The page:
Have hashtags been beneficial to your business? Or hurt your online brand?

Please chime in with your thoughts on the wonderful, wacky world of hashtags! Feel free to link to articles, blog posts, studies, etc. (including your own) on the subject in the comments as well.

Additional Reading

#EnjoytheWeekend!

Jaime

p.s. Sunday, June 30th, is Social Media Day 2013! Join CCC as we celebrate (virtually) the power of social media in our lives. View the event invite for details and social media resources.

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Super Bowl XLVII: Not A Complete Blackout

I planned on writing about marketing lessons to be had from some of the better Super Bowl commercials until I read 5 Marketing Lessons From the Super Bowl’s Most Popular Commercials from the fine folks at Entrepreneur this morning via Pulse. So that’s been done.

Speaking of the Super Bowl commercials, I felt like they grew more interesting along with the game in the second half, and more specifically, after the blackout. Or I should say during the blackout.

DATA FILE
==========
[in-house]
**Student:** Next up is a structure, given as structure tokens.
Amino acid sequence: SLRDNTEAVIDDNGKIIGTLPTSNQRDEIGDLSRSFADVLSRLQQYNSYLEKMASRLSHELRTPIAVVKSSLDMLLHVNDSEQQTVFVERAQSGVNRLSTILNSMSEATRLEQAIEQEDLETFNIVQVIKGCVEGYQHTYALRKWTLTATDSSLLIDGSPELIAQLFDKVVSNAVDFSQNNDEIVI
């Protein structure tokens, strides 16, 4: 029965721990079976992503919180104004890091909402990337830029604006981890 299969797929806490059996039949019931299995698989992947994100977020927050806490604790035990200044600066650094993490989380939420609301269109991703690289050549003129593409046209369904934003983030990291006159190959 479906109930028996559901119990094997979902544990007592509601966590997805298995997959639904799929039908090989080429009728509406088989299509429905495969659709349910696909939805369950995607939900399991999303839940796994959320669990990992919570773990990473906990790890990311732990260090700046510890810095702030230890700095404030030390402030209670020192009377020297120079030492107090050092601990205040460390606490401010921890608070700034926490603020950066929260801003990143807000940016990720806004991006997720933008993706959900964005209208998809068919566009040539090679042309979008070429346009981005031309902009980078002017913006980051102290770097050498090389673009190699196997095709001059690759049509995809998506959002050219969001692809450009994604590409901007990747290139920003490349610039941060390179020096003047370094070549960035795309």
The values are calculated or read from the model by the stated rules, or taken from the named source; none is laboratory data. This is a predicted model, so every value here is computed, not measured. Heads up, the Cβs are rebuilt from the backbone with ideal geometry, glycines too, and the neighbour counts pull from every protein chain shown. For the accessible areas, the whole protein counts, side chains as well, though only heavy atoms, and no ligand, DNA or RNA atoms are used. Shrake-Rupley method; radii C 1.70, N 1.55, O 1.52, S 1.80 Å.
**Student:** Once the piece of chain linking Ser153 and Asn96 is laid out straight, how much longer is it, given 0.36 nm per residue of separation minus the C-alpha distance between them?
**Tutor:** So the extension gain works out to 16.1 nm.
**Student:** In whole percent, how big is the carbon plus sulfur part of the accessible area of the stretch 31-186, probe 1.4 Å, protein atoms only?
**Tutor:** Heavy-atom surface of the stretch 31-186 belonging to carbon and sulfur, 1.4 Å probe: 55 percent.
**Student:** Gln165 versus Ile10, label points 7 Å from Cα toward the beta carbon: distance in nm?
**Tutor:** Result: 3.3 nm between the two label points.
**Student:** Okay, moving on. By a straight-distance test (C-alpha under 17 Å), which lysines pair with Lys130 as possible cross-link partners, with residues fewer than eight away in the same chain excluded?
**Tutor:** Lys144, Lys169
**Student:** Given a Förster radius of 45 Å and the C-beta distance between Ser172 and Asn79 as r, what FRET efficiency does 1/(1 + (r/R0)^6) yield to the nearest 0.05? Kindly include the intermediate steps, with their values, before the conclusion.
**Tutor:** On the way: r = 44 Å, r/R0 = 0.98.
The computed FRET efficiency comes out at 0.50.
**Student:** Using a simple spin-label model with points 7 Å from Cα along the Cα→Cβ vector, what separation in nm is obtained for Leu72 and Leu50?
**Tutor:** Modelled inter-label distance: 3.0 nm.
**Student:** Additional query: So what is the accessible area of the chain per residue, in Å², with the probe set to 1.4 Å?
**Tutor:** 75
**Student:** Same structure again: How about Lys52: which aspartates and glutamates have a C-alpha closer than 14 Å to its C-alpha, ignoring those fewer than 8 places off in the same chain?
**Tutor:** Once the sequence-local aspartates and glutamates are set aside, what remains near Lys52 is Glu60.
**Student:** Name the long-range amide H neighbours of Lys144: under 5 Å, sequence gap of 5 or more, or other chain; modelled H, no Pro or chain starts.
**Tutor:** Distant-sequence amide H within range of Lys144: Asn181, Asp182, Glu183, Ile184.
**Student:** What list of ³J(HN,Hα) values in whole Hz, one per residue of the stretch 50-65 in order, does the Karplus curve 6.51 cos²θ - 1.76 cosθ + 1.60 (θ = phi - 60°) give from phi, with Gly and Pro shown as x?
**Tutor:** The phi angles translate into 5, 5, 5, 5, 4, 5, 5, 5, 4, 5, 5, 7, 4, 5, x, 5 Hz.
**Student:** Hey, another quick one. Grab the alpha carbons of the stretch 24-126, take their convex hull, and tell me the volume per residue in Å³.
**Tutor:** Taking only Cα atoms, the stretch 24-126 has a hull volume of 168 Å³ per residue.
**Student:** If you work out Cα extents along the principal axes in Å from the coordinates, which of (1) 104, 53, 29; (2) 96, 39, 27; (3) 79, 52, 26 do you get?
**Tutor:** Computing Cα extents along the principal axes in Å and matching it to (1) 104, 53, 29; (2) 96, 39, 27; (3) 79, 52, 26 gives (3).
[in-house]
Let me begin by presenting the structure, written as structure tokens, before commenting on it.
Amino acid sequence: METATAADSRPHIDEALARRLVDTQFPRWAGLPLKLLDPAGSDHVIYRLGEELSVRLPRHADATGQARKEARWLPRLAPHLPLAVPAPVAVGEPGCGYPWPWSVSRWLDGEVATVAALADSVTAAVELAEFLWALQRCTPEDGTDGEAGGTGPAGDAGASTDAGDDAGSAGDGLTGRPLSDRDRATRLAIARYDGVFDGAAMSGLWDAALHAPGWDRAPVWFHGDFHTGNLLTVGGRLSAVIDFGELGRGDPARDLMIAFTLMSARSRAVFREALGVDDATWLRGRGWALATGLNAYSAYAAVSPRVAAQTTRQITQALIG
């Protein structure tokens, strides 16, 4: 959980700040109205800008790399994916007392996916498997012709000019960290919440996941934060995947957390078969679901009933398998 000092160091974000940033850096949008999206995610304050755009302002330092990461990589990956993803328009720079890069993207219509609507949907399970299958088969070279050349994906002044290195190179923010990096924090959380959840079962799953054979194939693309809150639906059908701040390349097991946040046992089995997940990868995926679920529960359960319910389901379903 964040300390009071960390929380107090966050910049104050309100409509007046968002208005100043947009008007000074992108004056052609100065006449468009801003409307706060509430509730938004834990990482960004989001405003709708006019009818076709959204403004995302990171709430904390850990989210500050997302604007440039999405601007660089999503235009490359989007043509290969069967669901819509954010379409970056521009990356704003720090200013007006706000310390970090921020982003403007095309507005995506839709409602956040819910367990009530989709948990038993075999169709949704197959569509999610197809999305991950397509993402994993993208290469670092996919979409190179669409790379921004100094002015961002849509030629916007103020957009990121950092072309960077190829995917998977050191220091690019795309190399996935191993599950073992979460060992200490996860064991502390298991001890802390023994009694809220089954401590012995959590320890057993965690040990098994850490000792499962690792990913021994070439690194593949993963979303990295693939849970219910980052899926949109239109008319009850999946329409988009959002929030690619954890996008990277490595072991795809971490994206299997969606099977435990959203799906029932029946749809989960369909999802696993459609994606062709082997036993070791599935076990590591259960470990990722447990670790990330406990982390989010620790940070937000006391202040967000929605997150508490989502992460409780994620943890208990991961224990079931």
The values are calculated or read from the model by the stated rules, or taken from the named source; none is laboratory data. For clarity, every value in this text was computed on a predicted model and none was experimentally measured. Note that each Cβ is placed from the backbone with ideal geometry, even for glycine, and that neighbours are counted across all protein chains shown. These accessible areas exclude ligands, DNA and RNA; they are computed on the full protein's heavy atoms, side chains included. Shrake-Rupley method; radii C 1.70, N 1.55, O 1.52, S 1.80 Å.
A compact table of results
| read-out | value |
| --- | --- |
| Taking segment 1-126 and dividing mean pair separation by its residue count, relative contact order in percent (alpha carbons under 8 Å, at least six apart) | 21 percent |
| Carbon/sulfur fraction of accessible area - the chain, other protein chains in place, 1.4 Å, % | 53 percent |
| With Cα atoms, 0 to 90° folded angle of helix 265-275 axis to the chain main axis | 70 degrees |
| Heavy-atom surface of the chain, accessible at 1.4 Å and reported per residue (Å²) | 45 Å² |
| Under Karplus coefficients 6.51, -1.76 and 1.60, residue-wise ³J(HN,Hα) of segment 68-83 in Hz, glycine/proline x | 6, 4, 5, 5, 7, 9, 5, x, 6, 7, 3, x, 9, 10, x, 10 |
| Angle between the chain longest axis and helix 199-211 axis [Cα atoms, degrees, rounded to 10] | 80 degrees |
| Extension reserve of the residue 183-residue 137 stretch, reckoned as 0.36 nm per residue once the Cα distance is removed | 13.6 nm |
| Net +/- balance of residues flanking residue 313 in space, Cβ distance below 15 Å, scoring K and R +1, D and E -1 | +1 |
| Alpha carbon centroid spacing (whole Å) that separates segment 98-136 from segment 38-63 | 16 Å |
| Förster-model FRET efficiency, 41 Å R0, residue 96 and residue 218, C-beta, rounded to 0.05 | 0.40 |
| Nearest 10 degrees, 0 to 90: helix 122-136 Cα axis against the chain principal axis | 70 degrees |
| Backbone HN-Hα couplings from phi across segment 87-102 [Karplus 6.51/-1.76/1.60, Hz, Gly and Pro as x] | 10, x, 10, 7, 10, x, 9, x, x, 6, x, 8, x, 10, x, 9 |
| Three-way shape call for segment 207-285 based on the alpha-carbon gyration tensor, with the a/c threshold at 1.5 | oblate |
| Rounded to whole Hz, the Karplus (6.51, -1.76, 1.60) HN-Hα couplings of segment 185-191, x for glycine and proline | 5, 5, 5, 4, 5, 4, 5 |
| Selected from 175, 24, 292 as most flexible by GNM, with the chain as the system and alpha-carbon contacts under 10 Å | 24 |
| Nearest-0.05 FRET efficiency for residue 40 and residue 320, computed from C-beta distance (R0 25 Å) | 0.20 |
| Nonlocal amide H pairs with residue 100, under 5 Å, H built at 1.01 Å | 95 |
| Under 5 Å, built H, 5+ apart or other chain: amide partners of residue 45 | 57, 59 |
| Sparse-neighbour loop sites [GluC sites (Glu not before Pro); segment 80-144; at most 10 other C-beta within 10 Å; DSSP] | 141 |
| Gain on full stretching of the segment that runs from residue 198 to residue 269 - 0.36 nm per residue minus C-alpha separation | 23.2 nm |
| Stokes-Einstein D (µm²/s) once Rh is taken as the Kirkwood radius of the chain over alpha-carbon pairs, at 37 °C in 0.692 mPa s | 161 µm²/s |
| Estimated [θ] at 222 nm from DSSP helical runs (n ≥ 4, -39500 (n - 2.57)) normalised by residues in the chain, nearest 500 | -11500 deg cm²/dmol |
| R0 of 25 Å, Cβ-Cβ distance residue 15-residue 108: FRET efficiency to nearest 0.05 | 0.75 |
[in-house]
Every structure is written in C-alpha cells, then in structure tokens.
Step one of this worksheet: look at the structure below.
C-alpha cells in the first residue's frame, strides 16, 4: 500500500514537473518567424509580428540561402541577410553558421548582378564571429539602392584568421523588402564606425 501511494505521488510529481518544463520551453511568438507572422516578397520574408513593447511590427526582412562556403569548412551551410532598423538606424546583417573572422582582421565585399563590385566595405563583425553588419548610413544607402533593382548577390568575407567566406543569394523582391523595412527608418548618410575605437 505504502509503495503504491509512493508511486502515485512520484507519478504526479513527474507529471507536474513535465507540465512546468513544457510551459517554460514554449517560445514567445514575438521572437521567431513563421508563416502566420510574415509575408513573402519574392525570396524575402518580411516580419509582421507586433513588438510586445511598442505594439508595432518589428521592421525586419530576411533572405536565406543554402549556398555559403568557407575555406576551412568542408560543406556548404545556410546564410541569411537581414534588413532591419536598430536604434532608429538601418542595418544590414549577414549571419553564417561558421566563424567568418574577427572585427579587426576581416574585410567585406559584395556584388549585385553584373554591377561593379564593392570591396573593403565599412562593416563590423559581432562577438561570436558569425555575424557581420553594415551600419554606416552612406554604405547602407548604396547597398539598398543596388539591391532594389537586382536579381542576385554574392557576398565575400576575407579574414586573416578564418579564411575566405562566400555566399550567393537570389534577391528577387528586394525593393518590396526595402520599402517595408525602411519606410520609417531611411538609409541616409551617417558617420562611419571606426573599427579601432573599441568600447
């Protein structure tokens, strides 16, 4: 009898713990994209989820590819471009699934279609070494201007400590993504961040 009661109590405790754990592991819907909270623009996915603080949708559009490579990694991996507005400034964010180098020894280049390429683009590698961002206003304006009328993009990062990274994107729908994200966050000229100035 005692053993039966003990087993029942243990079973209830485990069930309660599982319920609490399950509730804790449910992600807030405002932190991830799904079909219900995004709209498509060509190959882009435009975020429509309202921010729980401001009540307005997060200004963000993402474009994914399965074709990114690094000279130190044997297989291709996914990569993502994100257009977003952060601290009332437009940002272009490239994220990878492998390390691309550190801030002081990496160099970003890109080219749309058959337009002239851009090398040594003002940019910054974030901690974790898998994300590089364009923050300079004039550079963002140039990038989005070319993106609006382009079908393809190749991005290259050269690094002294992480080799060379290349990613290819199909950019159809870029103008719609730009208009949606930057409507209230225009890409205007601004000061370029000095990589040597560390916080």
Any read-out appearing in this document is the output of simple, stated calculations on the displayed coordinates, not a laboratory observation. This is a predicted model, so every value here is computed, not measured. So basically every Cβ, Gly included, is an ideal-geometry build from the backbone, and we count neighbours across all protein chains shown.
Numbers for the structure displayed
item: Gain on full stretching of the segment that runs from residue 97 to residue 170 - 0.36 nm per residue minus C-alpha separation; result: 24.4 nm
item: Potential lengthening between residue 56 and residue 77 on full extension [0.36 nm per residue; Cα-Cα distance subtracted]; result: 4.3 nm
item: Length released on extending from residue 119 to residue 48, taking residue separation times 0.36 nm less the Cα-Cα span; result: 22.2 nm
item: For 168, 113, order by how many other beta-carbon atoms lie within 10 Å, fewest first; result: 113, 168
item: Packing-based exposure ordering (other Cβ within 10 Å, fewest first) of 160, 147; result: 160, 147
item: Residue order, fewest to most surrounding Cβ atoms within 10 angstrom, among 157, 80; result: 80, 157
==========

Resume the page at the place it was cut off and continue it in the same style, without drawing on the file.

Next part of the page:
How about Oreo? It almost seemed as if the company knew the blackout was coming. (Hmm, cue up the conspiracy theorists.) More likely, this fun brand was just prepared for the big game instead of sitting back and watching its ad run. Talk about great social media management. And better yet, it’s impromptu ad reminding us all that “You Can Still Dunk In The Dark.” actually made me crave an Oreo. Go figure, an ad that sells!

Oreo Super Bowl blackout ad

As of the writing of this post, Oreo’s clever tweet had earned nearly 16,000 retweets and almost 6,000 favorites on Twitter alone not too mention its success on other social media platforms. There’s something to say about being ready to take advantage of an opportunity!